Like Hunter, Simon Roberts also makes large-scale pictures with the physical presence of paintings. His 2007-08 series We English returns to the subject matter of Tony Ray-Jones and Patrick Ward—the English at leisure—but places them within a larger frame. Roberts’ large-format view camera includes all the details of people and their quirky activities, and sets them within the broader sweep of the British countryside. His pictorial approach allows the photographs to be sociological studies and grand landscapes at the same time. Similarly, many contemporary British photographs provide a twist on the traditional genres of landscape, portraiture, still life and history painting, drawing links between photography and a broader history of art. Over the course of the 1990s and 2000s, the number of gallery and museum exhibitions of photography increased rapidly, the market for photographs has expanded exponentially and photography has become an increasing popular subject for university study.

Artistic Research

In recent years, many British art photographers have approached their work with various kinds of research. Additional texts in the form of titles, wall text, soundtracks, artists’ statements, press releases or catalogue essays often circulate around the images, providing a discursive context to deepen their meaning. Claire Strand’s Gone Astray series includes studio portraits of residents of Clerkenwell (the part of London where Charles Dickens set his novel Oliver Twist), accompanied by fragments of narrative written by the artist. The result was a kind of personal diary as well as a product of historical and cultural research into the area. Dryden Goodwin’s Caul series combines street photography with drawing. Photographs of passengers on London public transport are traced over with an agitated red line that evokes the restless movement of the eye across the surface of an object. Part of a larger exploration of the relationship between photography and drawing, these are meditations on the way we look at strangers. Sometimes photographic research is less analytical and more intuitive. Stephen Gill’s Talking to Ants (2009-15) involved the photographer placing insects and objects into the body of his camera to produce unique layered images that evoke dream states or an “ ant’s eye-view” of his East London neighbourhood. Such images show that contemporary artistic research can also be personal and poetic.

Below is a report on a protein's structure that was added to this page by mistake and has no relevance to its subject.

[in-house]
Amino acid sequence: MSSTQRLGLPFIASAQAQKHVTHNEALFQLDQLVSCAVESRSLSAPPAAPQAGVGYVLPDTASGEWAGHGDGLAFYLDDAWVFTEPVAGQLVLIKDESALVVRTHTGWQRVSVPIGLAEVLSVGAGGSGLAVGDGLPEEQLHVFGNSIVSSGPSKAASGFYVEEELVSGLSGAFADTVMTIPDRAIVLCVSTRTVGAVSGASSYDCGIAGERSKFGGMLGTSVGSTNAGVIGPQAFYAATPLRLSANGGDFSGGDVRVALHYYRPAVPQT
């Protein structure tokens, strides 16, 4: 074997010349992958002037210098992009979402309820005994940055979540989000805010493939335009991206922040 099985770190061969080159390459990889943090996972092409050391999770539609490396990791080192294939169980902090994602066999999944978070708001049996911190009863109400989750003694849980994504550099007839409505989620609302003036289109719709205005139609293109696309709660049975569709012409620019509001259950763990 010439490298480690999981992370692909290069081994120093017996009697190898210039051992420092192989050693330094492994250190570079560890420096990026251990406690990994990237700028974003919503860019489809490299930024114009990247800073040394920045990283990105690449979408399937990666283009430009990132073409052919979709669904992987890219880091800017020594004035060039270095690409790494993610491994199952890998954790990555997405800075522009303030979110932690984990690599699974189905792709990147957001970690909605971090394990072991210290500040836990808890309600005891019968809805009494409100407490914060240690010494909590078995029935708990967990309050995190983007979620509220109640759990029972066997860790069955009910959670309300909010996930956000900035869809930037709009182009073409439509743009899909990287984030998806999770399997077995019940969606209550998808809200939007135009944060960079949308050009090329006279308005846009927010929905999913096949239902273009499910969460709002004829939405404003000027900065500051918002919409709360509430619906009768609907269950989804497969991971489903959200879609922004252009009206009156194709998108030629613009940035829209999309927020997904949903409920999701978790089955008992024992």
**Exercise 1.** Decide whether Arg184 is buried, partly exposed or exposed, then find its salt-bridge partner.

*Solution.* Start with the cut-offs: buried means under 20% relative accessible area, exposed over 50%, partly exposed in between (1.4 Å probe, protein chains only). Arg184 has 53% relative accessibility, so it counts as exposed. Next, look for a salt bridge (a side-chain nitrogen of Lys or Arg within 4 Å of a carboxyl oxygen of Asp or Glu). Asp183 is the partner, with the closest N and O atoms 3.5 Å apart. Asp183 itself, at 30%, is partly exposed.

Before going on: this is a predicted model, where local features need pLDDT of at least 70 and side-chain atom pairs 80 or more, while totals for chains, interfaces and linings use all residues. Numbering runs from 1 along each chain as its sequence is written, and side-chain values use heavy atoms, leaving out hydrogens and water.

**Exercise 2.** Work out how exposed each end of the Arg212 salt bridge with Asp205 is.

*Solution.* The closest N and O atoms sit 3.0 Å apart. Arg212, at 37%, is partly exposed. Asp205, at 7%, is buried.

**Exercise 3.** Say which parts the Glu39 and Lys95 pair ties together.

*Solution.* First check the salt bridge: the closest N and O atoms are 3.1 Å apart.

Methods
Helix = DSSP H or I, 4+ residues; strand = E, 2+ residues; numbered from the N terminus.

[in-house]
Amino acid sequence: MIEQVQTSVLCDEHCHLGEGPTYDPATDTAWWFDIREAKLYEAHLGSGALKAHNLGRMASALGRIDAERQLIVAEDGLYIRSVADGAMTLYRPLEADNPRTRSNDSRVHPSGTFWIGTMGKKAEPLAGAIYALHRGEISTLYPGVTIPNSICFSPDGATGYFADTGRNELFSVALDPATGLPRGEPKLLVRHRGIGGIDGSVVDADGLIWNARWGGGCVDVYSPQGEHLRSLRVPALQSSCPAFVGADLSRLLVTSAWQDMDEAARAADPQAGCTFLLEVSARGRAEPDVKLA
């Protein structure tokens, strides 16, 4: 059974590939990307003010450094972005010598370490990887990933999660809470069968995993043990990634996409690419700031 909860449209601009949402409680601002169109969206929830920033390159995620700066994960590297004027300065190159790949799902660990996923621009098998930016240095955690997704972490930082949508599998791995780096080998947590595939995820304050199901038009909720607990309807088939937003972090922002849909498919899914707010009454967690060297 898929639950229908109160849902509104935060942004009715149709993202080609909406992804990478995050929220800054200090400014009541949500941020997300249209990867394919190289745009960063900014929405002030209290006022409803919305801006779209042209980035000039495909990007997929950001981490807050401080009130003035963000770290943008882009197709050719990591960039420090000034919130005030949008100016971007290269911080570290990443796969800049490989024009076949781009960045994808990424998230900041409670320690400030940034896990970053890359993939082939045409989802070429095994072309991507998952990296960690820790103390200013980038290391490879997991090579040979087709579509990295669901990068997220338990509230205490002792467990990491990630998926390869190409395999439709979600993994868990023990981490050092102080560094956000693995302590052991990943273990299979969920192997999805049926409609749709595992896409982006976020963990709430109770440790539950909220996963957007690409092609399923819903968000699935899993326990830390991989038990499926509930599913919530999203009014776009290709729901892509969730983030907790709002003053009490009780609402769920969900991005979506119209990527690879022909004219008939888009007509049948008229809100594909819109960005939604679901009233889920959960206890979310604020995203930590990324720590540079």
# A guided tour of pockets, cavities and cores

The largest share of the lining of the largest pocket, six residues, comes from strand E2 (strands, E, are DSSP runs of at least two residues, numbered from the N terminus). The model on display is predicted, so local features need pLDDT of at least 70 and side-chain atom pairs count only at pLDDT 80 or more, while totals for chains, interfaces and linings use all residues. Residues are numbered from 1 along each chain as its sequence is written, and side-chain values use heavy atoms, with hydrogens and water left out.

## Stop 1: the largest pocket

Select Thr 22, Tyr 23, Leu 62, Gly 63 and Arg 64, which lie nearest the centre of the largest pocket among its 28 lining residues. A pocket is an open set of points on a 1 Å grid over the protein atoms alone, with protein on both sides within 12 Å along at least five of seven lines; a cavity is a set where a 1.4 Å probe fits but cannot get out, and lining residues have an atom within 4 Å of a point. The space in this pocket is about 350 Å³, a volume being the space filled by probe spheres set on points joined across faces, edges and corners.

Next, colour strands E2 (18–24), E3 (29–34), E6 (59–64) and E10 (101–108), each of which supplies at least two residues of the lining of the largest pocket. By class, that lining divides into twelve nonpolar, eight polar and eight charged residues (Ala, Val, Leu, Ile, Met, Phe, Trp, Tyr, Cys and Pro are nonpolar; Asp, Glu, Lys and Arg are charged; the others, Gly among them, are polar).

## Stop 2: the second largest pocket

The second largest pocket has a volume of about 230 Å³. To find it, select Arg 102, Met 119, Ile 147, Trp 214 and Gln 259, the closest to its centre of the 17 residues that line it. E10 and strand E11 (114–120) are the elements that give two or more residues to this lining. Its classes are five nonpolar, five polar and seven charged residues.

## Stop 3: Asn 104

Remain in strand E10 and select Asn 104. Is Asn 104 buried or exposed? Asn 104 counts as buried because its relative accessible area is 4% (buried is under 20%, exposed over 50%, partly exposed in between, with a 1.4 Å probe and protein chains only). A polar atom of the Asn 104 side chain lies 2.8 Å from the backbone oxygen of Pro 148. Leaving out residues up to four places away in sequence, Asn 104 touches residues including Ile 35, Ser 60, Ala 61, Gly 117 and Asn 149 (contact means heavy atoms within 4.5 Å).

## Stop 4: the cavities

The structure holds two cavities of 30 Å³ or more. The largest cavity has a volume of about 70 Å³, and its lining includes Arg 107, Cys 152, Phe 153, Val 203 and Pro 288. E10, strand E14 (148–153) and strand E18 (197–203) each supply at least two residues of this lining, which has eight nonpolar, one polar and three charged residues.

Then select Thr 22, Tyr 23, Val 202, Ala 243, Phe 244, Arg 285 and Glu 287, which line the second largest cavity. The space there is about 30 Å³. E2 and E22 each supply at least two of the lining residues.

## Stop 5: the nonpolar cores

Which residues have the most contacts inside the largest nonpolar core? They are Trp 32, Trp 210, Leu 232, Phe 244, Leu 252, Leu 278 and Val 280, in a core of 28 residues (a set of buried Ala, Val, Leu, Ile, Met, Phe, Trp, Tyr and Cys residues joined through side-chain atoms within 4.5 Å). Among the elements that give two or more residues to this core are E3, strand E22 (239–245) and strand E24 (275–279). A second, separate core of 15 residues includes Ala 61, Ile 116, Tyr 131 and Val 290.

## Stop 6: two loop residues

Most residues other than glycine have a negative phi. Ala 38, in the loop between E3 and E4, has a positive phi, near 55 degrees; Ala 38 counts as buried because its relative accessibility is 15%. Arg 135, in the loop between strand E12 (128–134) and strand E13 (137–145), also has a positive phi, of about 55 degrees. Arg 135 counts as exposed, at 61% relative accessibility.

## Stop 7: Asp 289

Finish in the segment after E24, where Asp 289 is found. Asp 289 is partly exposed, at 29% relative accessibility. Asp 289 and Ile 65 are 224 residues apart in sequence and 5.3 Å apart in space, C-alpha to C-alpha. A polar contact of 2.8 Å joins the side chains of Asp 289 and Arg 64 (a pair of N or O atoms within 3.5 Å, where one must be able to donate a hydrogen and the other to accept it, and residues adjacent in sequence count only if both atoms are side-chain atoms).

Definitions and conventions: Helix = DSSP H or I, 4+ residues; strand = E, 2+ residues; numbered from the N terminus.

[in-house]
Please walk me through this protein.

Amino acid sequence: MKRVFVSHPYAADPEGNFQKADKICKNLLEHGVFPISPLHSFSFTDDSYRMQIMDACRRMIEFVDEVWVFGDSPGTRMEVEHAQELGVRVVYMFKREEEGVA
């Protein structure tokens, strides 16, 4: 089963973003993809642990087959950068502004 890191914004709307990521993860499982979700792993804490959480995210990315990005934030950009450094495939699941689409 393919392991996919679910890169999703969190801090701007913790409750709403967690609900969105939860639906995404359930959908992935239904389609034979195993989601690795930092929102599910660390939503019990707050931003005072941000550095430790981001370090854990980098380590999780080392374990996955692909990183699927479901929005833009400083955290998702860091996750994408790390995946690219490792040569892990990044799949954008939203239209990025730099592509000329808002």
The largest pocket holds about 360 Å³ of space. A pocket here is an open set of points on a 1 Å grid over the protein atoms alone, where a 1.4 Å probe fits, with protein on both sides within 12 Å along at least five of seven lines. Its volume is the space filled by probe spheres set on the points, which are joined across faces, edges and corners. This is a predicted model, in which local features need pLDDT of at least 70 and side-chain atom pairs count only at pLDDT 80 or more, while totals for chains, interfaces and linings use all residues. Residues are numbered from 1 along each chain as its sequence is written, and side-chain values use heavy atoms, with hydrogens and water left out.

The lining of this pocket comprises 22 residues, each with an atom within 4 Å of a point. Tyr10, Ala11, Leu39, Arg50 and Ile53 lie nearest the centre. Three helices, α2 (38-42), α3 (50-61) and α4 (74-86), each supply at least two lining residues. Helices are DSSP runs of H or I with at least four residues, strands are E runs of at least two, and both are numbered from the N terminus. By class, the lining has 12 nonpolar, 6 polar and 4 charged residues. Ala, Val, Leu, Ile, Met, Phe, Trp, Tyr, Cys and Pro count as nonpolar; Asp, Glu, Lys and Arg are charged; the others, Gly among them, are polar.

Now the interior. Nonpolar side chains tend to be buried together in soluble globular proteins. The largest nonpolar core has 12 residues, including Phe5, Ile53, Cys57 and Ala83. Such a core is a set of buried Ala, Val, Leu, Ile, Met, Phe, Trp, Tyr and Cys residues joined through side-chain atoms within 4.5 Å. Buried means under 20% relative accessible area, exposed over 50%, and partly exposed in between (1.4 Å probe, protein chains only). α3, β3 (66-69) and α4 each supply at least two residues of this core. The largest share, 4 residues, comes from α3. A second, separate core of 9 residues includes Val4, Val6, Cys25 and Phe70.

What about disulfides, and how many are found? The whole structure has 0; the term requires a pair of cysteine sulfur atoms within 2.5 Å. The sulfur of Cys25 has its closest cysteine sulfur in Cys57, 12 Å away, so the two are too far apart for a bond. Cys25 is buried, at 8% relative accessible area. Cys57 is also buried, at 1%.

Emerging with the first portable video cameras in the early 1970s, video art has always been defined in part by what it is not: not television, not cinema and not still photography. Photographic artists sometimes turn to video when a sense of duration can add a crucial impact to their work. Gillian Wearing has worked both with still and moving image, inviting members of the public to expose themselves in surprising ways. Wearing has invited strangers to tell secrets, make confessions, or in the case of Sixty Minute Silence, attempt to sit completely still for an entire hour. Playing on the long exposure times of 19th century photographic portraiture, this piece is also amusing with a twist of cruelty; there is something pleasurable in seeing a large group of police officers forced to sit still. Their inevitable restlessness gives the piece a building sense of tension.